Lessons from a Hardwood Floor

Lessons from a Hardwood Floor

Recently, my husband and I found ourselves refinishing the hardwood floors in our house. Though we knew it would be tough, we did not anticipate all of the problems we would have and how long the process would take. Now, I look at the floors and think about what they taught us, not just in the “how-to” sense, but also in the “life lessons” sense. These are five lessons I remind myself of each time I particularly notice my hardwood floor.

 

Accept help.

We would probably still be finishing the floors if not for the help of family. Direct help with the project and babysitting were two ways we had to accept help. No one can do it all by themselves. Remember to ask God for help, too; whether it’s physical, emotional, mental, or all of the above, God wants to help you. Just don’t forget to ask.

 

Take the time to do it right.

Once you put down the polyurethane, the only way to “undo” it is to go back to the beginning of the process. Unfortunately, there are many times in life that aren’t just difficult to do-over, but are impossible. From raising kids to making a first impression, you can’t go back and do things differently. You’ve got to take the time to make sure you get it right the first time.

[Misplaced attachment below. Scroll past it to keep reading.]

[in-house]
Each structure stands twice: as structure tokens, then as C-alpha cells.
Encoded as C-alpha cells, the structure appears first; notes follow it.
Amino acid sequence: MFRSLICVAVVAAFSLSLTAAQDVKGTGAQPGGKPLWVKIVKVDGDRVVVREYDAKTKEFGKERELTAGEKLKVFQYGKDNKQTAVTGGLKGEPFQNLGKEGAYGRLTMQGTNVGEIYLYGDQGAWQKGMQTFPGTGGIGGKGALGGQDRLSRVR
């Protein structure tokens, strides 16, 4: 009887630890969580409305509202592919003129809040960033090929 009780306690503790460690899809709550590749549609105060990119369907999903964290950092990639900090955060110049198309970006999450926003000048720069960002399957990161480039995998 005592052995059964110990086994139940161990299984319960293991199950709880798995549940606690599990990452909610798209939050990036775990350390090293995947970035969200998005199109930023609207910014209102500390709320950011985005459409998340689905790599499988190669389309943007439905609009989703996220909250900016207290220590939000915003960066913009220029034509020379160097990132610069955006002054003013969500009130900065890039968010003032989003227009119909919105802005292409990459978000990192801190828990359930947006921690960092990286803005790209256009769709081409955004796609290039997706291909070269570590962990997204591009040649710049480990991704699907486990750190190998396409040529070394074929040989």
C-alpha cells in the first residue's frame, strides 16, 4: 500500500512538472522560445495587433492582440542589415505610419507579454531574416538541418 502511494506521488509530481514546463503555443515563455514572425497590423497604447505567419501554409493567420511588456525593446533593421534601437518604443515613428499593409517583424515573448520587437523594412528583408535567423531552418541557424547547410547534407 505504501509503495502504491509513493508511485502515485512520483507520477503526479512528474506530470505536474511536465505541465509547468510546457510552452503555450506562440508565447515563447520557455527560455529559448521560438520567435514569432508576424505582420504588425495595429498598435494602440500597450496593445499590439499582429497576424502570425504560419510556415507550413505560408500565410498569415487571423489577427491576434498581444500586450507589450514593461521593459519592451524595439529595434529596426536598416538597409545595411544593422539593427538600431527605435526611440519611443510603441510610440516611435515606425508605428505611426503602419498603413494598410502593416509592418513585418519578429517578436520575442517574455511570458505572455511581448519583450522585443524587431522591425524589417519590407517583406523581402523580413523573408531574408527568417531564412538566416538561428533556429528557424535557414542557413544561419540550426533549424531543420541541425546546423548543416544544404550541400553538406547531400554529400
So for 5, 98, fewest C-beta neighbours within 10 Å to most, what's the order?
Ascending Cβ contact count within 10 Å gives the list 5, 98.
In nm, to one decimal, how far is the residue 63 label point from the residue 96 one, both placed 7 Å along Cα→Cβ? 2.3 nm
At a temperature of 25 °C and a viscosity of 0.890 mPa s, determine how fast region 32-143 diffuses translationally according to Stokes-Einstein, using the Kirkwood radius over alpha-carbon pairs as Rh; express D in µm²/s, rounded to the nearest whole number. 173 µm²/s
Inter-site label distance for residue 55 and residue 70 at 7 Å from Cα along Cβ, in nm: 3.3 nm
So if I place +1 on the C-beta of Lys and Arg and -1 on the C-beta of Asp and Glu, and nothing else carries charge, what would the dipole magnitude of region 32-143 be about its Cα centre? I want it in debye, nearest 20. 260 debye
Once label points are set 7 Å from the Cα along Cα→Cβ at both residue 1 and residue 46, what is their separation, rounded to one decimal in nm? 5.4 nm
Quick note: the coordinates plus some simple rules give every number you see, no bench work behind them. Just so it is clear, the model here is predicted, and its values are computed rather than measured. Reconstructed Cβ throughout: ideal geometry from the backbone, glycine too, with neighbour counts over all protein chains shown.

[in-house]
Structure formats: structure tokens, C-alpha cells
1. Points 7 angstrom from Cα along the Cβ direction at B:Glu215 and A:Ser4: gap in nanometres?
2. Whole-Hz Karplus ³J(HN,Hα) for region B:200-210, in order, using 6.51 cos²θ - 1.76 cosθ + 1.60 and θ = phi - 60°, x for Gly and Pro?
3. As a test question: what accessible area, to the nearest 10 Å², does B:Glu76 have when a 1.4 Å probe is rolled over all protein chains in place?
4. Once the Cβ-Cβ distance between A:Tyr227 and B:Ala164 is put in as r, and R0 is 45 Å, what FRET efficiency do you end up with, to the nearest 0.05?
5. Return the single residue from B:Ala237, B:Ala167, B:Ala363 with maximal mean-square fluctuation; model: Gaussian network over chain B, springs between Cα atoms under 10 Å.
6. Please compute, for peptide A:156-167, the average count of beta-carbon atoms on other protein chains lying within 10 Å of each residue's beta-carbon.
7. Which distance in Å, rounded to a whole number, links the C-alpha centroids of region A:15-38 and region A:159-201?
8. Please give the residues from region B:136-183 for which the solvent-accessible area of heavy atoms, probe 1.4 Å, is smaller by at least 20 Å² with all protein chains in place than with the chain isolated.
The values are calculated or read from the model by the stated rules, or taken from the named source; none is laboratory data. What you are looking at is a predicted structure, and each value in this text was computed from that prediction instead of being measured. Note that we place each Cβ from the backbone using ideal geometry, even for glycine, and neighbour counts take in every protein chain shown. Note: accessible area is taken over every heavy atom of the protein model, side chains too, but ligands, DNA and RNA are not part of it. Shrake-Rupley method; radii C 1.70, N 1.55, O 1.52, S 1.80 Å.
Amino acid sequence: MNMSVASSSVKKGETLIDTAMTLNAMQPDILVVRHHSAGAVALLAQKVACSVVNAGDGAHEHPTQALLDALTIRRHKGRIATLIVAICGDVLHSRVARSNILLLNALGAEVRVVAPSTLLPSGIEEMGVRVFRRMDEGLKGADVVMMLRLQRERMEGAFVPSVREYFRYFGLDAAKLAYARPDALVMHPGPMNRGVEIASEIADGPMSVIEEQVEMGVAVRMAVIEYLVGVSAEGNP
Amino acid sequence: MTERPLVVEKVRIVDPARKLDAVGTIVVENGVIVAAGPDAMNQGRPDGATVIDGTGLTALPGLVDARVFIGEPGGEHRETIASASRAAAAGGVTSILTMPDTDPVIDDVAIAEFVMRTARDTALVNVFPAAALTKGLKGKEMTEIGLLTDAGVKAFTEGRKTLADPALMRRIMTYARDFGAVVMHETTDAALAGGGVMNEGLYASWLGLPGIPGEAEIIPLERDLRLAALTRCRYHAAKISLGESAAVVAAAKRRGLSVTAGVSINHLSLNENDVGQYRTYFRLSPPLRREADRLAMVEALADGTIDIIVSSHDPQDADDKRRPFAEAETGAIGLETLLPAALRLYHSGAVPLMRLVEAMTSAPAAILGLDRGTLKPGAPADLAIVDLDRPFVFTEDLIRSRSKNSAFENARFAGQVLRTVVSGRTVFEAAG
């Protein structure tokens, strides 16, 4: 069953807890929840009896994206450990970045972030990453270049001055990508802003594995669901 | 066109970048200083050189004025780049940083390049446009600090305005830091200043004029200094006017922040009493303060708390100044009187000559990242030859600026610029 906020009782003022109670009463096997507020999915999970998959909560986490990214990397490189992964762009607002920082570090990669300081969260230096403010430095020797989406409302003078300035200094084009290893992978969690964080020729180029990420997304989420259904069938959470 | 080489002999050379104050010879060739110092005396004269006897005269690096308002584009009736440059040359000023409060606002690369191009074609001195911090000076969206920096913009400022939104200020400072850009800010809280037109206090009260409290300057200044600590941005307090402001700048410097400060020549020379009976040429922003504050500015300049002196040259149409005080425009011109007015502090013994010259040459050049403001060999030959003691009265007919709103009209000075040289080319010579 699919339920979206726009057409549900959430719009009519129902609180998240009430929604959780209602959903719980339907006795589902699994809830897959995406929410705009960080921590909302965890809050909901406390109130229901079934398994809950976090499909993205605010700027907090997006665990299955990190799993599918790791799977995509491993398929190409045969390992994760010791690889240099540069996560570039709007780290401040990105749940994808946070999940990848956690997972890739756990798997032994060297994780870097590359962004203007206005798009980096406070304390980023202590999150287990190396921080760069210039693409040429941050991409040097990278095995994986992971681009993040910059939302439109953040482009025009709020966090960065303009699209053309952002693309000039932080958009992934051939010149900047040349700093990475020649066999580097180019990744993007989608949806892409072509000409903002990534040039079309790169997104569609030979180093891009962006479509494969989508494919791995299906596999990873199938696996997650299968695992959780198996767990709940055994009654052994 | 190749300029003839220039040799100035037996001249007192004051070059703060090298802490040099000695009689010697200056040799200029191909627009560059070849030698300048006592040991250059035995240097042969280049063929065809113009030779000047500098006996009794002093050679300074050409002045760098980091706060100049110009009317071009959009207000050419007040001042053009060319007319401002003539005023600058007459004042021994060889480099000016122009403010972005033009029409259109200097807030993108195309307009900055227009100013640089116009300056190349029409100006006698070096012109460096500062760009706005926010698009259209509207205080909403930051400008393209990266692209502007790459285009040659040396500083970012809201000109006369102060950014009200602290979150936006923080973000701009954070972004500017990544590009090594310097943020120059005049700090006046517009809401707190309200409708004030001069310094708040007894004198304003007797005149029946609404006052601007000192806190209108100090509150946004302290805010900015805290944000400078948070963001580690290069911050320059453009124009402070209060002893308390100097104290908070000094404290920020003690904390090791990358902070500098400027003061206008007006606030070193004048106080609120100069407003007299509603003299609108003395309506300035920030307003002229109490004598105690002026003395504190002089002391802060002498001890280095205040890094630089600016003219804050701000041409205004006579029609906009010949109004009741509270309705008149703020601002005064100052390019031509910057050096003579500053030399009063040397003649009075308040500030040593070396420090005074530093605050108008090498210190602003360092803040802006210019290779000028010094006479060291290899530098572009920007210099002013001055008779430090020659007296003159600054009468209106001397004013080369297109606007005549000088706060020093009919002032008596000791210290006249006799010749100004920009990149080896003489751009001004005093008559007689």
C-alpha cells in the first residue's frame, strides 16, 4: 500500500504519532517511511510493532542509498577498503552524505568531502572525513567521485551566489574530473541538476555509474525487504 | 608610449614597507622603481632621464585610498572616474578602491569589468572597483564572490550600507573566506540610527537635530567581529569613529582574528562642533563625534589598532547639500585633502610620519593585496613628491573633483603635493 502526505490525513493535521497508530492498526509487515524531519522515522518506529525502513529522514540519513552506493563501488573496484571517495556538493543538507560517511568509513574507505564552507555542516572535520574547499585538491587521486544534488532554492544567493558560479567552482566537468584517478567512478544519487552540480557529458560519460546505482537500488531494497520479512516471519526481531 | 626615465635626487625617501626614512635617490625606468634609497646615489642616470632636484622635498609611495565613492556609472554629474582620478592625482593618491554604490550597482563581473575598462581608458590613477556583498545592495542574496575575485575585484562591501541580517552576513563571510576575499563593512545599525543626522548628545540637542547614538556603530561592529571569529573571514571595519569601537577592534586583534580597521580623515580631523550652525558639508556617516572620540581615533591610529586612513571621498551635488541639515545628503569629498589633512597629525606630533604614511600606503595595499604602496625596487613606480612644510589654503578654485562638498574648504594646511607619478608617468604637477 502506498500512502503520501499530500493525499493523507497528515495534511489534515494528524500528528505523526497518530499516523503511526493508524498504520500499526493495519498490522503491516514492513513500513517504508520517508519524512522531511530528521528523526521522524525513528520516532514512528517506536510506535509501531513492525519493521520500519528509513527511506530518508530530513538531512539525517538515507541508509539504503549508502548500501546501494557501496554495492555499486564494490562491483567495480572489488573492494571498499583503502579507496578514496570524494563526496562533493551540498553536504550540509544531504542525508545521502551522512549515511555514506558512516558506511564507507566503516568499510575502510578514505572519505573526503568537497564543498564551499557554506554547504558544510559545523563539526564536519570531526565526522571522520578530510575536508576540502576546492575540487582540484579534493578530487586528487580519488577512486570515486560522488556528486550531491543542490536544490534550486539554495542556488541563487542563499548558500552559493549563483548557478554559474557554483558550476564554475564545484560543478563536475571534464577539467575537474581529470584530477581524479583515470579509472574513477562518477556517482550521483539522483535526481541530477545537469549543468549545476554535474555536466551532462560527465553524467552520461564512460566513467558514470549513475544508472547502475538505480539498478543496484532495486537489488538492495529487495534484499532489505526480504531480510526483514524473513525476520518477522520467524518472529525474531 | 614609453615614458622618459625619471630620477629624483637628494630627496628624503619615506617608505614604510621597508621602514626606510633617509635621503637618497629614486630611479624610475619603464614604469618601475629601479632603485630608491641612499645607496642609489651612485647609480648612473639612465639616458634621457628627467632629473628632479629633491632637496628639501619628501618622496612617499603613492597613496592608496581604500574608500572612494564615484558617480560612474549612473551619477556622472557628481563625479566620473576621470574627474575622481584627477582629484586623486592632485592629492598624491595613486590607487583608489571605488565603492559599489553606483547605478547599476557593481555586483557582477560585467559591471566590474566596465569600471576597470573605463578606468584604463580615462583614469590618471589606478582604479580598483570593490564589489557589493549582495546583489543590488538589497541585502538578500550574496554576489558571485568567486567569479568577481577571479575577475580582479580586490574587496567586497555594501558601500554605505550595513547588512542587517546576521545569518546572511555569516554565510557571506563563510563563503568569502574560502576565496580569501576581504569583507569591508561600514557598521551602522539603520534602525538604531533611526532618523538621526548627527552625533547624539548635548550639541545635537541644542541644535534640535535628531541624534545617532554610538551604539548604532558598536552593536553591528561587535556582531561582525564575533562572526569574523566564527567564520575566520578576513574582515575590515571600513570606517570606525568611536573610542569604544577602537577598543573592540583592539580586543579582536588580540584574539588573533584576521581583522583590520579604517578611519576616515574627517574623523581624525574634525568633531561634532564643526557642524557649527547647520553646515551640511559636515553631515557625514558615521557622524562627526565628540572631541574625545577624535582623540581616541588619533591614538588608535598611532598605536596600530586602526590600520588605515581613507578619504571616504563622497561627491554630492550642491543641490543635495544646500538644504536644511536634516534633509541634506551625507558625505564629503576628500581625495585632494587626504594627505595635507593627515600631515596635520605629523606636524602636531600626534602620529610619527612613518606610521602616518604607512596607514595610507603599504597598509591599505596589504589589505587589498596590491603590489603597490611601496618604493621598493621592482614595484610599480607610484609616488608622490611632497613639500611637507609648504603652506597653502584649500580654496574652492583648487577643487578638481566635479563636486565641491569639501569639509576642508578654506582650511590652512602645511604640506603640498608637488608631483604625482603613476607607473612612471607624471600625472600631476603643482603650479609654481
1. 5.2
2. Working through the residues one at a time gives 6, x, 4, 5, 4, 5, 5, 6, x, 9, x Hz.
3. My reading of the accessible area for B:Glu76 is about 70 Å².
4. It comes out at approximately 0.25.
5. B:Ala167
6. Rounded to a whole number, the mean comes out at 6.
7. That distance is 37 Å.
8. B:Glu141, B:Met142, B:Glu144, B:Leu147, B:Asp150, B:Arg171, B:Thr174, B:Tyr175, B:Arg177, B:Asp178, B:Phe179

Don’t expect perfection.

Sometimes good enough really is good enough. My husband and I tried to keep reminding ourselves that these are 60-year-old floors. They are not going to be perfect. Getting them to about 85% perfect would be fine. I try to keep that perspective daily, too. I am not perfect. Most days I know I don’t even make it close to 85%. But I keep trying to do my best and find satisfaction in that. A friend of mine once reminded me, “Don’t let the perfect get in the way of the good.” I love the truth of that line.

 

Know when to quit.

Just like when we were trying to get the old stains out of the floor, you have to know when you’ve done all you can do. When it seems like the harder you try the worse the situation becomes, maybe it’s time to walk away. Sometimes doing nothing is the best thing you can do.  

 

In the end, it is worth it.

While in the midst of refinishing the floor, I repeatedly kept asking myself why we ever decided to do this. It was a long, tiring, seemingly endless process. I have other areas of my life that can be physically, mentally, and emotionally tiring, too. It can be hard to see the reward in the midst of the struggle, but if we persevere, it will be worth it.

 
 

About the Author

Angela Glassmeyer is the institutional marketing and sales manager at Franciscan Media. She is blessed with three amazing children and a husband who both encourages and inspires her. She loves to entertain and feed large crowds of family and friends, but does not love the cleanup that comes with it. Angela has been actively involved at St. James of the Valley for almost twenty years and has served as the PSR coordinator since 2005.